Deployed in Alaska in 2012, Shell Oil’s Arctic drilling rigs, the Noble Discover and Kulluk, were cited for a series of environmental and maritime violations. (Photo: Day Donaldson; Flickr CC BY 2.0)
Although the Interior Department is offering up new areas for potential fossil fuel leasing, the low price of oil means that new infrastructure may not make economic sense. Energy and investment analyst Joe Stanislaw and host Steve Curwood discuss the Administration’s thinking and oil and gas development prospects.
CURWOOD: For years, advocates for the oil industry have pushed to open up the Arctic National Wildlife Refuge for drilling, and it's a top priority for many Republicans, including Lisa Murkowski of Alaska, who now heads up the Senate Energy and Natural Resources Committee.
Murkowski has sharply criticized the President’s bid to expand the wilderness area of ANWR.
But underlying the bluster is a question...with oil priced around $45 per barrel, how much economic sense does it make for oil companies to expand drilling in such a harsh environment?
It’s a question for Joe Stanislaw, an expert on energy and technology investment strategy. Welcome back to LOE.
STANISLAW: Steve, you’re very good to have me.
CURWOOD: So, we understand that the President's call to designate the millions of acres of ANWR as Wilderness effectively takes the coastal plain of ANWR off the oil market if that were to go through. How much sense does it make for oil companies to be expanding drilling in such a harsh financial environment as we have now? Oil is under $50 a barrel.
STANISLAW: I think if you thought about what the President's action means in the very short-term to medium-term from the oil company's perspective, not a whole lot to them. They have no intention of going there anyhow right now given everything that is going on in the oil market. Prices dropping from $100, $110 down to the low $40s. They have other concerns on their mind. And also, they have other low-cost prospects to be developing. Those prospects, if they were in the market or are on the market, we'd be out 10, 15, 20 years for them if they're really thinking about wanting to go there. That's not a short-term area for potential development.
CURWOOD: Talk to me a bit about the oil that is in ANWAR? How much is there, and what would it cost to get it out?
SANISLAW: You know, you ask a very intriguing question. How much oil is there? We don't know. There has been no seismic done which has been off-limits by federal mandate. There have been, I will call them, “informed guesstimates” by a very credible institution called the Energy Information Administration making guesses based on other areas that might look like ANWR to say what resources could look like; how much, is a guess.
CURWOOD: Now at almost the same time the President has said that he's moving to designate much more of ANWAR as Wilderness effectively that will place it off-limits to the oil drilling. He also said that there will be new leases offered for offshore Arctic oil that is in the Arctic Ocean. How interested do you think industry is in that prospect given the hard time that Shell had dealing with the Chukchi Sea just this past year?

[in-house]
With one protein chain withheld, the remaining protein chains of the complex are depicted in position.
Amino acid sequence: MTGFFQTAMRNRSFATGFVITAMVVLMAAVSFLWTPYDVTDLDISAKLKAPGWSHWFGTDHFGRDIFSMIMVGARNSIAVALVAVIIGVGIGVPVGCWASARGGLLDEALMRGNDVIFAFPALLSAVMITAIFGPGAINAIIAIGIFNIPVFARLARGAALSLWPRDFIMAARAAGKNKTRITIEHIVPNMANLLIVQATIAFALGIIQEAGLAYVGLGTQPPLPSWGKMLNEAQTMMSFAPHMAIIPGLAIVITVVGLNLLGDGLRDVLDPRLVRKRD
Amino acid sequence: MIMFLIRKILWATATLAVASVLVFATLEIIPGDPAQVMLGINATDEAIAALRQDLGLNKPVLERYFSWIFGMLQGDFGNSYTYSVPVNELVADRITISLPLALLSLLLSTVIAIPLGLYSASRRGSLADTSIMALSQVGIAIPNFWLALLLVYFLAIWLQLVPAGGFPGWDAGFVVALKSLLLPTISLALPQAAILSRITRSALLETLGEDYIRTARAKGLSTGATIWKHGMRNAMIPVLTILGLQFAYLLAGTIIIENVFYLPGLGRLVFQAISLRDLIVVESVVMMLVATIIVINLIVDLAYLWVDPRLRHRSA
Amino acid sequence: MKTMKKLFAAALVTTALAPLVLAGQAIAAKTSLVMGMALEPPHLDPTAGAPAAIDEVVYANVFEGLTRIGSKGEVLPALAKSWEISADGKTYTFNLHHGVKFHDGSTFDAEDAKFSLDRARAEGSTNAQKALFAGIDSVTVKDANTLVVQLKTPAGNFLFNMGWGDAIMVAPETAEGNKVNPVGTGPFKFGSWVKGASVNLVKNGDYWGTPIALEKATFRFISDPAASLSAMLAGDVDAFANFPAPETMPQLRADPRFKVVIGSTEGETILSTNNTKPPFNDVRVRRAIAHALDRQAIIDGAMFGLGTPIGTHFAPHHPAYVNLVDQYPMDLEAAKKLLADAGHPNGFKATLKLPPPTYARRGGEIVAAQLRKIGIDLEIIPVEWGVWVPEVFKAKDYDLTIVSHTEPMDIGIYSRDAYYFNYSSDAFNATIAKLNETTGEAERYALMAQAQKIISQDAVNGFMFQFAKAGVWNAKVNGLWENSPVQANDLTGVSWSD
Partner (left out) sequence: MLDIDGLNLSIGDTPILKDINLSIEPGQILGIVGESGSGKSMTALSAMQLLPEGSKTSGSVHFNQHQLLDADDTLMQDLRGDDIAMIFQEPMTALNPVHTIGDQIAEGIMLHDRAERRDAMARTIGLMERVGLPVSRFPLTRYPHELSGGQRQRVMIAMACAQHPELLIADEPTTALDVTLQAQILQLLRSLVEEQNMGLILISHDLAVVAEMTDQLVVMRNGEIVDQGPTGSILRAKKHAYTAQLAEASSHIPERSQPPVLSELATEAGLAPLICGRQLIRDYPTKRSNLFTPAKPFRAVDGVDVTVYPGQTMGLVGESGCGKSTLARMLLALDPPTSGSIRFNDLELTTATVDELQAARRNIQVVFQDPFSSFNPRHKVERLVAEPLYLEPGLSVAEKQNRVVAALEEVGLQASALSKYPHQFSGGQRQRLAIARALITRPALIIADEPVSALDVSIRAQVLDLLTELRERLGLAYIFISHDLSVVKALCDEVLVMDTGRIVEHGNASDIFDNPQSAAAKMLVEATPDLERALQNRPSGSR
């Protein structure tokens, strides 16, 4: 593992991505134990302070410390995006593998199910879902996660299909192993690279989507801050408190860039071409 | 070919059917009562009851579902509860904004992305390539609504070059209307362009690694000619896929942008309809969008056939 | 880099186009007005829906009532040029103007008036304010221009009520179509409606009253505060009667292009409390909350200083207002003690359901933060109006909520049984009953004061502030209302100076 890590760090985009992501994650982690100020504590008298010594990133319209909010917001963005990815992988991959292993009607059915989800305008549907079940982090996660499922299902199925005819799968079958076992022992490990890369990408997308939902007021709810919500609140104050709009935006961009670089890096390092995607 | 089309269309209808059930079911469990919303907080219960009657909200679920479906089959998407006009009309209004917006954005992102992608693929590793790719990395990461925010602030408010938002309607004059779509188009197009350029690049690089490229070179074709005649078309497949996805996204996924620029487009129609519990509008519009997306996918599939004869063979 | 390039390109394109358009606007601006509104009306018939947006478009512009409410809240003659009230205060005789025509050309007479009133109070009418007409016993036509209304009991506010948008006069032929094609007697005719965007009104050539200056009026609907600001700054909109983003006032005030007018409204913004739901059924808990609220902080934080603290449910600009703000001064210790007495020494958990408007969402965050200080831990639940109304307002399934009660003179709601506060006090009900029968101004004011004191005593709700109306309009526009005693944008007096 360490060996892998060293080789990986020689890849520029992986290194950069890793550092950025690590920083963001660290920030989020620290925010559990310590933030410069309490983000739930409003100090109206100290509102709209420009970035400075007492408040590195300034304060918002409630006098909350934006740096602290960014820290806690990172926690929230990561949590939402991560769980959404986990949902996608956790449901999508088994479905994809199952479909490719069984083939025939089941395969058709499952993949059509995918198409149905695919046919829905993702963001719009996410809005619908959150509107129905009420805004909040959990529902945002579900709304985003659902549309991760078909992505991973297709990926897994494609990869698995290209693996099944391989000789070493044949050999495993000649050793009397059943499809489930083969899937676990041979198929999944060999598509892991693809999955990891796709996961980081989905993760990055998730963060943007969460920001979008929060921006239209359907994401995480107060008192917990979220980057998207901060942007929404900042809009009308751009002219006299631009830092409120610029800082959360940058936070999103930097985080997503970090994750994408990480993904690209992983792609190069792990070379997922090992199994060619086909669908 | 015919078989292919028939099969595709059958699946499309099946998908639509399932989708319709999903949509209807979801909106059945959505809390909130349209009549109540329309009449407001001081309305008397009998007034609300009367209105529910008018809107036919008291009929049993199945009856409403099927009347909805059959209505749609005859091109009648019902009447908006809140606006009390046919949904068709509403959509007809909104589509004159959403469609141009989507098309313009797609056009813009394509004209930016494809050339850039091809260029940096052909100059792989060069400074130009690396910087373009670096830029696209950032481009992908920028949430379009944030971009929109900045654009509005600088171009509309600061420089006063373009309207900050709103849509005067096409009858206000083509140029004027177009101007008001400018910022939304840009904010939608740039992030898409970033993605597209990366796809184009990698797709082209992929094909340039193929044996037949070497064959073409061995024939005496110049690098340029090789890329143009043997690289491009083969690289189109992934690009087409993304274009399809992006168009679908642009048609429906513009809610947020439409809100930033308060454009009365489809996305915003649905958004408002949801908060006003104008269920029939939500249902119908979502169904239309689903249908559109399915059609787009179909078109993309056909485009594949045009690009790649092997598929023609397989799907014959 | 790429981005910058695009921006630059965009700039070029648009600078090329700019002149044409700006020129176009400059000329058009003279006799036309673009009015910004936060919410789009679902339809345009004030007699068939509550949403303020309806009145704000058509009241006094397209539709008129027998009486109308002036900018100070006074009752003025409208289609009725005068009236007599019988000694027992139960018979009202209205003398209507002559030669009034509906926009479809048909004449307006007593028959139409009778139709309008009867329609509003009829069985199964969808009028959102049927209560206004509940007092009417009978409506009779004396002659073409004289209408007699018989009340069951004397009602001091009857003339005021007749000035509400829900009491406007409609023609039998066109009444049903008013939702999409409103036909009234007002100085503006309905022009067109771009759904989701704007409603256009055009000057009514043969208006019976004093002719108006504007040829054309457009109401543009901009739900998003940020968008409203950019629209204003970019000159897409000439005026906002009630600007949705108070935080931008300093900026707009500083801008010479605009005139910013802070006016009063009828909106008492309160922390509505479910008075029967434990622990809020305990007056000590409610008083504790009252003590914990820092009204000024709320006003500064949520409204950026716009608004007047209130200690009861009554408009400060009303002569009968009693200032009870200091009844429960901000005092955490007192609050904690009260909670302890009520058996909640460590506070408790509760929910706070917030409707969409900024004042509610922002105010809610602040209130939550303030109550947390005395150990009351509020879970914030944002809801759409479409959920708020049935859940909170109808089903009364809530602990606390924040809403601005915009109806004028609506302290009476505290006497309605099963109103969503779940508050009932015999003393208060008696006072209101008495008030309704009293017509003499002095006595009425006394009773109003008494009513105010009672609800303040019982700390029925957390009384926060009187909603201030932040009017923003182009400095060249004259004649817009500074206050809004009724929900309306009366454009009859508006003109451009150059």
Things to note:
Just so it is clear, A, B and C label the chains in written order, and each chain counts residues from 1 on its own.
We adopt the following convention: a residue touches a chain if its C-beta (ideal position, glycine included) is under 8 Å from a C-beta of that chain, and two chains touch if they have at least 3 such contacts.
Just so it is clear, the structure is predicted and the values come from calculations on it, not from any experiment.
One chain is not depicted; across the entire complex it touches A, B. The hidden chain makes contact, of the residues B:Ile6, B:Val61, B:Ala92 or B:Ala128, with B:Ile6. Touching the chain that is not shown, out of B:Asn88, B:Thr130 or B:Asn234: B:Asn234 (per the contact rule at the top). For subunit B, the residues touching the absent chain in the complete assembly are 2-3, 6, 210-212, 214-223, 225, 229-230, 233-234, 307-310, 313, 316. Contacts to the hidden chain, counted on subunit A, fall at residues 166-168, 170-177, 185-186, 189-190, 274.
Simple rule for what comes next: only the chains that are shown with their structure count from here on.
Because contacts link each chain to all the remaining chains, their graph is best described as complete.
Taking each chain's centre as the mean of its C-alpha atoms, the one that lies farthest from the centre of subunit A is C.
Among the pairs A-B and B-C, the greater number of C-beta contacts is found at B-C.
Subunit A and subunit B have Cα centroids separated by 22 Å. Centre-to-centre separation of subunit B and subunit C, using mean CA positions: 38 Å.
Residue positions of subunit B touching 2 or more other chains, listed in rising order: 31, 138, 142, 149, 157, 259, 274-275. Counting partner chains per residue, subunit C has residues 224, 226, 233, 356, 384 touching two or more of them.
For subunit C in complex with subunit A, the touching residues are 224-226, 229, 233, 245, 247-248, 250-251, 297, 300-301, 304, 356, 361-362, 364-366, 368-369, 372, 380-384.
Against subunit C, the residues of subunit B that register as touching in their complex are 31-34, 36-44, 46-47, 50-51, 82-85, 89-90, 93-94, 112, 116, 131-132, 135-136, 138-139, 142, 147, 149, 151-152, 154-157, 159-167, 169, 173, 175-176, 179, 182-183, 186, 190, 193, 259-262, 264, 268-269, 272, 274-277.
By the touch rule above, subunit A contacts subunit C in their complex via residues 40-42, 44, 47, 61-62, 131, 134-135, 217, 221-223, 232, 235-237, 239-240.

STANISLAW: Most of the world’s oil and gas industry look to the Arctic as maybe a potential resource, but in the next few years - five, 10, 15 – it’s sort of - in many people's minds, it's off their minds. I won't call off-limits, but it's not the first thought in their minds. They have seen the challenges Shell has had - some of them unexpected challenges - yes, companies like to think about it, but right now no-one really wants to put a lot of effort into this.
CURWOOD: So, right now, the Hill is battling over Keystone legislation that the President has promised to veto. Looking ahead, how important is this struggle in terms of the oil market?
STANISLAW: I think part of what the President and the administration has done is put out their bones, attractive bones in many ways. The oil and gas industry, the offshore southeast US, for example, is leasing; the Arctic, more leasing in the national reserve, so that when they veto Keystone all the industry won't be mad at them. This is a political issue, and I think he'll veto. And at the end of the day, one has to ask, given everything else that's going on, and the length of time that's been in the works, does it get developed? And the developers must be asking that question too, although they have sunk so much into this they want to have it done, but I think the veto comes into play.
CURWOOD: So this is more politics then concerns about the oil supply?
STANISLAW: This is definitely about politics, rather than concern about oil supply. I’ll add another dimension, if you'll allow me. I think the big issue here, like so many issues in the United States is federal versus states rights. And I think the real issue that Alaskans are raising is - it should us who has the right to say yes or no, not the federal government. And that's the old-fashioned debate we've had in this country forever. On the one hand, Alaska doesn't agree. But the southeastern states very much agree with what the President's done, which is a line of area that was closed, "stranded", now is open. So they're happy, they don't mind that federal intervention. On the other hand, Alaska says those are our lands that might be developed as our future resource, our future income stream. Should we be the ones that say yes or no to it rather than the federal government? This is the age-old debate in the United States.
CURWOOD: Joe Stanislaw is an expert on energy and investment strategy and the founder the JA Stanislaw Group. Thanks so much, Joe.
STANISLAW: Steve, always a pleasure. Thank you.
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